And such is the case with “freedom of speech.”  Basically, we have chosen the type of society that we want to live in– which is to say, the type of society wanted by white people.  We want a bourgeois democracy, not a monarchy where a king or dictator tells us what we can say and can’t say.  But this choice of bourgeois democracy by whites in the United States– a settler colony of Europe– contains positive and negative qualities.  If we only recognize the positives, it’s probably because we’re white colonizers: our class situation places us above colonized peoples, on top of their oppressed experience of “our freedoms.”  From up here, this “freedom of speech” (which is, under capitalism, always in quotation marks) does feel like an entirely wonderful thing.  But all people are subject to the political, economic and social forces that govern our lives.  If we don’t recognize the negatives of our class situation or identity, it’s likely due to the fact that we have been elevated at the expense of oppressed classes or identities (the majority of the world).  And, even within our class (or white identity), there are choices that we have made which unavoidably limit the freedoms that we experience.

Within the white identity, we may not recognize that the type of “freedom of speech” that we have been empowered by capitalism to choose is, in reality, a negation of a great deal of the potential human experience.  It feels like complete freedom (except when we’re forced to buy health insurance, or pay taxes, or get shots, or learn about the science of evolution) because the suppression of our bourgeois white view has been nearly complete.  In other words, we don’t know what we’re missing.  So we assume it doesn’t exist.  The “American way of life” (or the white bourgeois, patriarchal colonial lifestyle) must be entirely good, because there is no other way of living.  And how did we reach this conclusion?  Because the capitalist system– controlled by rich, white, heterosexual, cisgender, able-bodied men– has told us so.  And this means we are subject to their ideology– the racist, capitalist, sexist, transphobic, homophobic, Islamophobic, ableist view of the ruling class of “America,” which controls our access to the resources needed to live and hold any view at all.  Our “freedom of speech,” in terms of its material (not metaphysical) basis, has already been determined for the white bourgeois identity by the few in the ruling class who have the power to suppress any views that don’t conform to its narrow ideology.  So, yes, it’s a big swimming pool (provided we could afford to get the membership card) but it’s not an entire ocean that we are swimming around in.

“Freedom of speech” is based on the type of society that we have chosen, which is, in turn, ruled by the type of political and economic system that we allow to remain in power.  So let’s not delude ourselves (with our typical white supremacy) by saying that “America” is the exception– that no other society in history, anywhere else in the world, experiences freedom on the same exalted level as the individual does in this society.  They may not experience the type of freedom that white people– especially middle-class or wealthy cisgender, heterosexual white people– experience in the United States, but this doesn’t mean that “American” freedom exists beyond the objective laws of nature.  If we believe that our freedom is superior–as in, you know, white supremacy– then it could be that the white “American” bourgeois identity actually has a very repressed or narrow view (by design), and that we don’t recognize the negatives of our limited freedom (or the positives of freedoms in the larger world) because we are not supposed to see these things.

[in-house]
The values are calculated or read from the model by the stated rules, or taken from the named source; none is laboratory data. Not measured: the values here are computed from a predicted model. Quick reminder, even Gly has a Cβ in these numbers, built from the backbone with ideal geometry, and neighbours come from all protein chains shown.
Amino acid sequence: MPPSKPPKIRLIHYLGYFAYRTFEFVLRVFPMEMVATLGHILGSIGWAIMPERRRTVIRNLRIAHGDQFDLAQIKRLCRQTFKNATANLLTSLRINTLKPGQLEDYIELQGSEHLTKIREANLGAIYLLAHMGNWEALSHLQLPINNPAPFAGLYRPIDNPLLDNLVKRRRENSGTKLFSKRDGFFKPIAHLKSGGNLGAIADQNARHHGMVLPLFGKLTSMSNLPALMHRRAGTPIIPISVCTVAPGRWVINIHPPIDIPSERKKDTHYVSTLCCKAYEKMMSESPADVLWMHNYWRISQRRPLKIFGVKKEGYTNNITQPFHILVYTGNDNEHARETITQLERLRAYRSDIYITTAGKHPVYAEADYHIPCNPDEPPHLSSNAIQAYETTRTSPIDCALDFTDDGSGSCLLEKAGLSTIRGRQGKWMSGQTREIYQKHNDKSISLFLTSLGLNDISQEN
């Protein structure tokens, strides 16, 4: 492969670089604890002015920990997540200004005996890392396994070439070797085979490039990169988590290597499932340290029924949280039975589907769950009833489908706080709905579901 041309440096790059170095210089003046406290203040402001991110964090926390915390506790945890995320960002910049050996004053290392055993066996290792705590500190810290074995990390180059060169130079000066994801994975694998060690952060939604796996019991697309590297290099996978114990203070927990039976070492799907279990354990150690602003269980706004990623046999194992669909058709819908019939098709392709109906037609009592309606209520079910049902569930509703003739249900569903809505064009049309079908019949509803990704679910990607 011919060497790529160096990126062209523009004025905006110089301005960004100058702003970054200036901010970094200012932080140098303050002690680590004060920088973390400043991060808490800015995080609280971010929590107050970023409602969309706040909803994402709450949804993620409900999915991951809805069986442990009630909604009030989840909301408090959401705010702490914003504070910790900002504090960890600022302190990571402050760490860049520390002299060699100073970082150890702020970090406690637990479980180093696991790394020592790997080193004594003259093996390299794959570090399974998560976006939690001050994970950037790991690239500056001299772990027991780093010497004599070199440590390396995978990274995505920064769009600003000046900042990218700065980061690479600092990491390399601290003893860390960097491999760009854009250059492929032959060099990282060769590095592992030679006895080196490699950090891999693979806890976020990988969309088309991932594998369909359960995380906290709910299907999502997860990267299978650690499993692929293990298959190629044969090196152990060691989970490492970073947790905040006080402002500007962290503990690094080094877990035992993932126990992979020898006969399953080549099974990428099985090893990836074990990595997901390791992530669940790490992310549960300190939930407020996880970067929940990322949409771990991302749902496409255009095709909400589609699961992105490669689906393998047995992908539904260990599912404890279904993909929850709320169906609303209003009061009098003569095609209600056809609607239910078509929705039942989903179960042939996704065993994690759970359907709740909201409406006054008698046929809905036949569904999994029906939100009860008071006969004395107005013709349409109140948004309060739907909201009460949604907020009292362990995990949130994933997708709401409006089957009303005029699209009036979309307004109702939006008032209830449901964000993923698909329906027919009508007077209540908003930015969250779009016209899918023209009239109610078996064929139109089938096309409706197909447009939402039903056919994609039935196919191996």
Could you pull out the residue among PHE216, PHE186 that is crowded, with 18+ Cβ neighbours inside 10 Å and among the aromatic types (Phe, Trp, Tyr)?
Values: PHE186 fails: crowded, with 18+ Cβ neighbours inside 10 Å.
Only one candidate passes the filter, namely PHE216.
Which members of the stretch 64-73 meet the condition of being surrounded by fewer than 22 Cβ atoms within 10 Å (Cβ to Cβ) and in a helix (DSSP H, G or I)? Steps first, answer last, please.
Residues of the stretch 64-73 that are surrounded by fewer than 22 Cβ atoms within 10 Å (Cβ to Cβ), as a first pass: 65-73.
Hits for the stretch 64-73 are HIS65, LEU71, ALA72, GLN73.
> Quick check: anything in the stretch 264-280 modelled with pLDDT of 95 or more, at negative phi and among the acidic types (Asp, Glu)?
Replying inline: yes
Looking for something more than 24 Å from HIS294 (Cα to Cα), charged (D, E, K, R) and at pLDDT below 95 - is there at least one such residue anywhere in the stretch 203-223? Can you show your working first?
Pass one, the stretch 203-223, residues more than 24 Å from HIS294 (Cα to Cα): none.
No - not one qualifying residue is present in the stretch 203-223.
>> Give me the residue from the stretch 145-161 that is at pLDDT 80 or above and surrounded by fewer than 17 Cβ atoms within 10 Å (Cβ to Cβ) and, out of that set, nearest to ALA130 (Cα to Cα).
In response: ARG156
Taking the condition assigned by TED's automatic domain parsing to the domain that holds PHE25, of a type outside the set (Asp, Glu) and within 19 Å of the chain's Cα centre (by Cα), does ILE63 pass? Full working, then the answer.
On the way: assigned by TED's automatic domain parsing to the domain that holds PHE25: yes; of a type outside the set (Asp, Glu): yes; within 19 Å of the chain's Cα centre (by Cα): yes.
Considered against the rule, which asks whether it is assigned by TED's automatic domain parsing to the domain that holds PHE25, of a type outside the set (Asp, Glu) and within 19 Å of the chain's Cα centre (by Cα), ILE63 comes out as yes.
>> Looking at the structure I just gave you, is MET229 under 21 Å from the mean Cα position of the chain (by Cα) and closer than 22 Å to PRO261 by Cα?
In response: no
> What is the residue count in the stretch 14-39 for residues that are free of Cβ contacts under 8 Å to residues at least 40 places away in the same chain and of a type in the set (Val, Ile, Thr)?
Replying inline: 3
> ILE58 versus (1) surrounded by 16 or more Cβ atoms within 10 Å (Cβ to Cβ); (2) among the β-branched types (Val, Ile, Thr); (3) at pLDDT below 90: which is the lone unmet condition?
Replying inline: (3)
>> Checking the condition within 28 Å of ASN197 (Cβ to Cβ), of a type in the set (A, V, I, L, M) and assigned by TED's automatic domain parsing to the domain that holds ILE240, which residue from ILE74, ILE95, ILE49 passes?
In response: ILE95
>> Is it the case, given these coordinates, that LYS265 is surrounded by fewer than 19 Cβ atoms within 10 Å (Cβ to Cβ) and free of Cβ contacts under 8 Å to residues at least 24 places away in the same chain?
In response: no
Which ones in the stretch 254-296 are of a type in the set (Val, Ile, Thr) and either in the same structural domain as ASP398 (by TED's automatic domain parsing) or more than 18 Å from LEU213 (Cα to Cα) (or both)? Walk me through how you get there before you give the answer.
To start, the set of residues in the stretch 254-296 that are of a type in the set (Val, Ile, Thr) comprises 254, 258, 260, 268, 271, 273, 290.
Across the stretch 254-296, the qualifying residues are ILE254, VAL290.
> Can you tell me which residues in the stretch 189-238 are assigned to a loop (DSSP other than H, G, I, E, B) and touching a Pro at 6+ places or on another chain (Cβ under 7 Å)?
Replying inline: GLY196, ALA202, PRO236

“Freedom of speech” for white people is a lot like the phenomenon of “manspreading”– a white guy spreads his legs wide apart on a bus, feeling quite comfortable and, well, free; and this becomes his ideal of freedom, at least as far as bodily movements are concerned.  Never mind that a nearby woman has to be smashed up next to the seat with her face against the glass in order to accommodate his sense of spaciousness, his totally relaxed and oblivious (or not so oblivious) enjoyment of “freedom” (“Home … home on the range, where the deer …”).  People of color (specifically Black women)– who are forced to move out of the way, or be run over, as white people come their direction, carrying a wide load of entitlement with no warning lights– possibly experience “freedom” differently from us.  White people in the United States have spread out across an entire continent (and then some), consuming more resources, living in bigger houses, trying to get tans on colonized beaches, and yet we’re perpetually disappointed.  It’s no wonder we’re so discontent.  Why?  Because freedom isn’t absolute.  Freedom always means choosing a combination of positives and negatives, and this choice is based on our principles and what our community subjectively values the most.  If we value profits above all else, then that’s what we’ll enjoy– more profits, and less peace, less equality, less justice … and less freedom for anyone who doesn’t increase profits.